"The lesson Israel should draw is not to imitate U.S. economic policy under any circumstances."
Israel's economy is closely linked to that of the U.S. Last year, of Israel's $47.9 b. in total exports, $16.8 b. went to the U.S., and $12.4 b. to the European Union. In other words, 61 per cent of Israel's exports go to two major markets that are each in deep trouble. Israel's economic growth is export-driven. As a trade strategist and negotiator and as a new member of Israel's Ministry of Industry and Trade's advisory board -- what would you advise the Government of Israel?

Prestowitz: "I would say two things. One is that Israel has a big difference between the income of the top 20 percent of the population and that of the bottom 50 percent. I believe there is a lot Israel can do to develop what the late C.K. Prahalad called the "Fortunes at the Bottom of the Pyramid" by fostering the economic development of those not fully participating in the economy. Second, a small country like Israel can cultivate relatively small, high-value specialty markets that tend to remain fairly strong under all circumstances. This is the Singapore strategy. And really, it is the Germany strategy. German exports are not price sensitive because few if any make the things the Germans make in a wide range of specialty markets."
Your new book recounts how in 1950 America's GDP (Gross Domestic Product) accounted for nearly three-fourths of world GDP, and then, mainly from the 1980's, implemented bad policies that ruined this prosperity. You also note that America has fundamental long-run problems that go far beyond the 2007-9 global recession and financial collapse -- it is about far more than sub-prime mortgages. As a small country, Israel has much less margin for error than the U.S. How can Israel avoid the mistakes that America made? How can we correct the long-term mistakes we have already made?

Prestowitz: "Luckily, in some ways Israel has more margin for error in that it can turn the boat around much more quickly to avoid making the same error twice. The U.S. has become hooked on debt, both at the consumer level and at the federal government and international level. Israel would do well to avoid excess debt. The U.S. became enamored of the notion that making things was no longer important and that we were moving to a services economy. Also we told ourselves that off-shoring production was not a problem because we would move to the "higher ground" of high tech, sophisticated investment banking, fancy design, etc. This thinking was all wrong. It is important to maintain a vibrant manufacturing and high-value services provision base and to maintain it across as wide a range of industries as possible. The more things you do the more you will know and the more you know the more you will innovate and create whole new industries."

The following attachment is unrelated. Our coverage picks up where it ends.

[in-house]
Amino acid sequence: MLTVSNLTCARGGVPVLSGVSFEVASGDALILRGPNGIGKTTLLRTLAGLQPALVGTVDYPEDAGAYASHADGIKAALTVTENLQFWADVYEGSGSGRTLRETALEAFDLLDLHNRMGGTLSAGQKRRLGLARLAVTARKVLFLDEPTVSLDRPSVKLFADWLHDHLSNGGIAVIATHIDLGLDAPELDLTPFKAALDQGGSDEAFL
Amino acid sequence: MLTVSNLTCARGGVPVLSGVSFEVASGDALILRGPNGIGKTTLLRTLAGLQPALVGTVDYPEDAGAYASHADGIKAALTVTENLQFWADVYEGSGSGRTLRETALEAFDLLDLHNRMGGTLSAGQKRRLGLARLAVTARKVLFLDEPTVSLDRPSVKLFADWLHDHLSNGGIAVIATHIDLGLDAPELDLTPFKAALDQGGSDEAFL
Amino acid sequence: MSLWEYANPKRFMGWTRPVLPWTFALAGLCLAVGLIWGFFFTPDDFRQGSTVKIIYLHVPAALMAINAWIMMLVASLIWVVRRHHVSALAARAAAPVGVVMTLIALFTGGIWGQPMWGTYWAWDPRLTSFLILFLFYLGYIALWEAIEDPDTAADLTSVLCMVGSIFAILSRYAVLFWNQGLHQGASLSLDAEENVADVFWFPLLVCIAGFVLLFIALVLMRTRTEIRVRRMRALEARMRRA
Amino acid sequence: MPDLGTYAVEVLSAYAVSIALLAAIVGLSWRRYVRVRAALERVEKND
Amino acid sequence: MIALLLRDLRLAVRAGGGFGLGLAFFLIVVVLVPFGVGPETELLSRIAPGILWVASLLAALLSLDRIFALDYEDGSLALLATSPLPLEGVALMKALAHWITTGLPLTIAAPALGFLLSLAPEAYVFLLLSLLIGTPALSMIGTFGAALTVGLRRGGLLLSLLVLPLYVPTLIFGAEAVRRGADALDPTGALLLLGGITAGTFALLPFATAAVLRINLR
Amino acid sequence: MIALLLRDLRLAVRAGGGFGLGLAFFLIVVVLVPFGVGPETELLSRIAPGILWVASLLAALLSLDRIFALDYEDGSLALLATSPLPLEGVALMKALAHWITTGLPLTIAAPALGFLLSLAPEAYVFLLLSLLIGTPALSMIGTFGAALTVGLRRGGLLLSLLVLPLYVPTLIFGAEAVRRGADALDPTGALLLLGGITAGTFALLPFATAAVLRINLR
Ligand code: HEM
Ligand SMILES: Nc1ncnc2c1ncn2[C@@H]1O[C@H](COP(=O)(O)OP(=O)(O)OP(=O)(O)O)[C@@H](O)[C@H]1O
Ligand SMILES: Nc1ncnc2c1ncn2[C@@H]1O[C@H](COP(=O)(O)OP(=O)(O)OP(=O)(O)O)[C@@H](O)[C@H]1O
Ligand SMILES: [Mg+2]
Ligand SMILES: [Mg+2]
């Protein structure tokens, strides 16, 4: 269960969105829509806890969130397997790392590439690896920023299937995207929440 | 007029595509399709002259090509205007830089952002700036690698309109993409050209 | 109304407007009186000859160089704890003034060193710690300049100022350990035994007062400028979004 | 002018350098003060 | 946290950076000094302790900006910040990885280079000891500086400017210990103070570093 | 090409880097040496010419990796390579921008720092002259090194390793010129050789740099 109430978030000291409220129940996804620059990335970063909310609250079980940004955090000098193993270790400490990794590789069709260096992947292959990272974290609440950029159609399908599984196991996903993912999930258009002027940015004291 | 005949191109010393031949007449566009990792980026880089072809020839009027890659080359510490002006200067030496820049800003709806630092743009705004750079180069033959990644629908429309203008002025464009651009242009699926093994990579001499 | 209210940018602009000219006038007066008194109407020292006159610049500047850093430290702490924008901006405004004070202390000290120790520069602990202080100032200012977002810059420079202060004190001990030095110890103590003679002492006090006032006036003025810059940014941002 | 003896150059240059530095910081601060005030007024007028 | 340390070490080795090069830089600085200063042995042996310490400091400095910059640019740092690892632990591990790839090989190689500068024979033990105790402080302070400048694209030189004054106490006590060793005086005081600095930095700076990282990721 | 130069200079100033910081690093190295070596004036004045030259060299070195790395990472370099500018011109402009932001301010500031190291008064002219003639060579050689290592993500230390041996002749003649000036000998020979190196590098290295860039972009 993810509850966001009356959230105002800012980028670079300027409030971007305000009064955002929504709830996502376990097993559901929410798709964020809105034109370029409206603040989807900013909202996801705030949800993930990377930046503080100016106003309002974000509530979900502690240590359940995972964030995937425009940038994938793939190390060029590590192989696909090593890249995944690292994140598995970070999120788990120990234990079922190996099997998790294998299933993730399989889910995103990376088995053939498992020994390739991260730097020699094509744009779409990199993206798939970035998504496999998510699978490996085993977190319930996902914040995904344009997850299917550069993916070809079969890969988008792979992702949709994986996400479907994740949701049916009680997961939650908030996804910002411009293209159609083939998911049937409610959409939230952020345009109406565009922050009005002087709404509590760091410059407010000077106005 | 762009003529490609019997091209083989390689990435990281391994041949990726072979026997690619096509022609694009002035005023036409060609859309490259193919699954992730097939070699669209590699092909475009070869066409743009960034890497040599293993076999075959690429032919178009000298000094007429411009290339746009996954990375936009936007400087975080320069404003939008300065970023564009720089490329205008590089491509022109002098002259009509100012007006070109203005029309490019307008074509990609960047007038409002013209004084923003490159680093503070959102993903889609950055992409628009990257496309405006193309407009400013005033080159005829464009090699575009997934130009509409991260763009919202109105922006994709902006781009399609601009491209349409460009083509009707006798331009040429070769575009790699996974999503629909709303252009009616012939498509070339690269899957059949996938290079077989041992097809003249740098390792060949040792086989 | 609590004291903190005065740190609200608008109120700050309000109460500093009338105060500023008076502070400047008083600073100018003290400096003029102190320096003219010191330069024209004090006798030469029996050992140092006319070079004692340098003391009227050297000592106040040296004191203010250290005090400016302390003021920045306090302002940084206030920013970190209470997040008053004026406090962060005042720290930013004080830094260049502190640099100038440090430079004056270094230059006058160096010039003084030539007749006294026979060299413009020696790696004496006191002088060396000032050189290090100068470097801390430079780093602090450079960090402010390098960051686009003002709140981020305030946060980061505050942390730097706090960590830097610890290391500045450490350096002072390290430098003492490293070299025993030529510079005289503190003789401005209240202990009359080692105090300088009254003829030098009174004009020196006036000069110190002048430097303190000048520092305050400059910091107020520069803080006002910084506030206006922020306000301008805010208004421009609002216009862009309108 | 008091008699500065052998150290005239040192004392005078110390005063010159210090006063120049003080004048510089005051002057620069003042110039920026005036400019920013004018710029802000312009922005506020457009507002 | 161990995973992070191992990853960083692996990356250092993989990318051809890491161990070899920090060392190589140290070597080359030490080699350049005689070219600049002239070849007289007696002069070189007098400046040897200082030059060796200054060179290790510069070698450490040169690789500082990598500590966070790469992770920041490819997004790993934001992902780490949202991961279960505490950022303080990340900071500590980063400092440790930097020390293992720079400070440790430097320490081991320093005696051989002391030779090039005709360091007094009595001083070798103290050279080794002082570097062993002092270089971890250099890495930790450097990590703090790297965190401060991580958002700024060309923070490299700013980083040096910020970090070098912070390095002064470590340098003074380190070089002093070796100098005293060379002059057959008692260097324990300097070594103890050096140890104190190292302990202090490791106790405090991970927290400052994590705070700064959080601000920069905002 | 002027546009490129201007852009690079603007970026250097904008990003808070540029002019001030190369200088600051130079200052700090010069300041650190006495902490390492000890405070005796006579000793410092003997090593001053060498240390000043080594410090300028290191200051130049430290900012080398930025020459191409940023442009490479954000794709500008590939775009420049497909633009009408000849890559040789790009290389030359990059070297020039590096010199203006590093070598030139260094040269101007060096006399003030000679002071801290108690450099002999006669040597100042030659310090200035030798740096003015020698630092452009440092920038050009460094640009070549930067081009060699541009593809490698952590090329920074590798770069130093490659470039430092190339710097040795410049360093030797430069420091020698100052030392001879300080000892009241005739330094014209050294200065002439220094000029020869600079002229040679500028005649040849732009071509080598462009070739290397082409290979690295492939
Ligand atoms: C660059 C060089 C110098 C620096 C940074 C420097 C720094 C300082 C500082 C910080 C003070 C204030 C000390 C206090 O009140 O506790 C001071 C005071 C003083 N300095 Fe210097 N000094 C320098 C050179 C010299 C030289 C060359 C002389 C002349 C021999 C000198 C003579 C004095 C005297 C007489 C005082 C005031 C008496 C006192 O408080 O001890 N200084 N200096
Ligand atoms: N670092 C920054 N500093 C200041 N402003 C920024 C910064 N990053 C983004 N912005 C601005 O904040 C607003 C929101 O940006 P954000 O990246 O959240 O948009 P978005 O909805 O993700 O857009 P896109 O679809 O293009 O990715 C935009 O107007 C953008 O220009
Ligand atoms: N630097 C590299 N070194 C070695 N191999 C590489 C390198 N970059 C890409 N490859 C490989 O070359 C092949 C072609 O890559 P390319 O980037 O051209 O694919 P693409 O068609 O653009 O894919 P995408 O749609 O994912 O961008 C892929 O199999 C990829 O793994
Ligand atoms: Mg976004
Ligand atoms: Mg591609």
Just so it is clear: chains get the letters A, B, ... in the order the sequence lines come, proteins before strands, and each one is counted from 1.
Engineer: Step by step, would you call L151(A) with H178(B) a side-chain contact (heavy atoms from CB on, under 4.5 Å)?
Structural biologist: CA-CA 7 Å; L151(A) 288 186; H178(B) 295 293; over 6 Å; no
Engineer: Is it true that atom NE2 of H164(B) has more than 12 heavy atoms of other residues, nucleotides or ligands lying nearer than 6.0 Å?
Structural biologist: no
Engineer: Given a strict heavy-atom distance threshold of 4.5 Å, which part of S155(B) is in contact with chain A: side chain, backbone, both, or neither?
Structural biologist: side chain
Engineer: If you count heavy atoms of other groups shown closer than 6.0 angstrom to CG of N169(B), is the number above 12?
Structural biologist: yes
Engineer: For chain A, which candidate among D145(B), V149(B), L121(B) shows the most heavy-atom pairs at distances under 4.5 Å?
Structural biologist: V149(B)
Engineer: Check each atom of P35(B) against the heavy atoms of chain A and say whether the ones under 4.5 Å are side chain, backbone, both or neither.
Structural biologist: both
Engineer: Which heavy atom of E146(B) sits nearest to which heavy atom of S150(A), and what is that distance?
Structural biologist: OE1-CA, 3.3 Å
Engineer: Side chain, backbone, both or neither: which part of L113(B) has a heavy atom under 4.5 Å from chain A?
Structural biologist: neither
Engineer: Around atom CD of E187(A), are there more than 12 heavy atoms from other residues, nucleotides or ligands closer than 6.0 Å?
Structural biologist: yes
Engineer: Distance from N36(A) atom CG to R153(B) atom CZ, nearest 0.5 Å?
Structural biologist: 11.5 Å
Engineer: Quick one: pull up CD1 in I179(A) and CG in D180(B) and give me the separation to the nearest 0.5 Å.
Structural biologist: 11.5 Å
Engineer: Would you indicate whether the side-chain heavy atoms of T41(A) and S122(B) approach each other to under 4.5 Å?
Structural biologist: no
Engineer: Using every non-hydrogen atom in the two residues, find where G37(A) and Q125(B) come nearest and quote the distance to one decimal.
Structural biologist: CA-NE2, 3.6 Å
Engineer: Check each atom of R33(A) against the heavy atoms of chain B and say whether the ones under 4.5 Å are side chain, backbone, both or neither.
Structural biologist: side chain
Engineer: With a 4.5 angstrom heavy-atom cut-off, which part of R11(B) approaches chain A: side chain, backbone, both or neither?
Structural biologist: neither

There is a Hebrew saying: Wise nations avoid crises from which smart nations can extricate themselves. From which wise small open economies are ones Israel can learn? How can Israel be wise, rather than smart, or just dumb?

Prestowitz: "I think Singapore has proven very wise as have Sweden, and Finland. I think Singapore is especially pertinent for Israel because of the hostile neighborhood in which it lives and because of the great variety of its population."

Since 1995, Israel has failed to grow even one sizeable new global company. Successful startups do early 'exits' and their brains, technology and knowledge migrate abroad. How important are these global giants to a nation's economy? And how important is it for them to produce goods at home, rather than abroad?

Prestowitz: "Obviously, the success of its start-up ethos has been very good for Israel. Yet, I do believe there are limits to how far you can go solely with start-ups. I believe it is important for Israel to pay a lot of attention to why the start-ups in Israel don't develop into Israeli Intel's or Google's or Apple's. I know that a lot of start ups are done on the basis of knowledge and financing that has government support. Maybe there should be some requirement for local development attached to that along with tax incentives for local development mixed with disincentives for companies that merely serve as a funnel to take Israeli technology abroad."


* Senior research associate, S. Neaman Institute, Technion.

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The Betrayal of American Prosperity.


The Trans-Paific Partnership and Japan.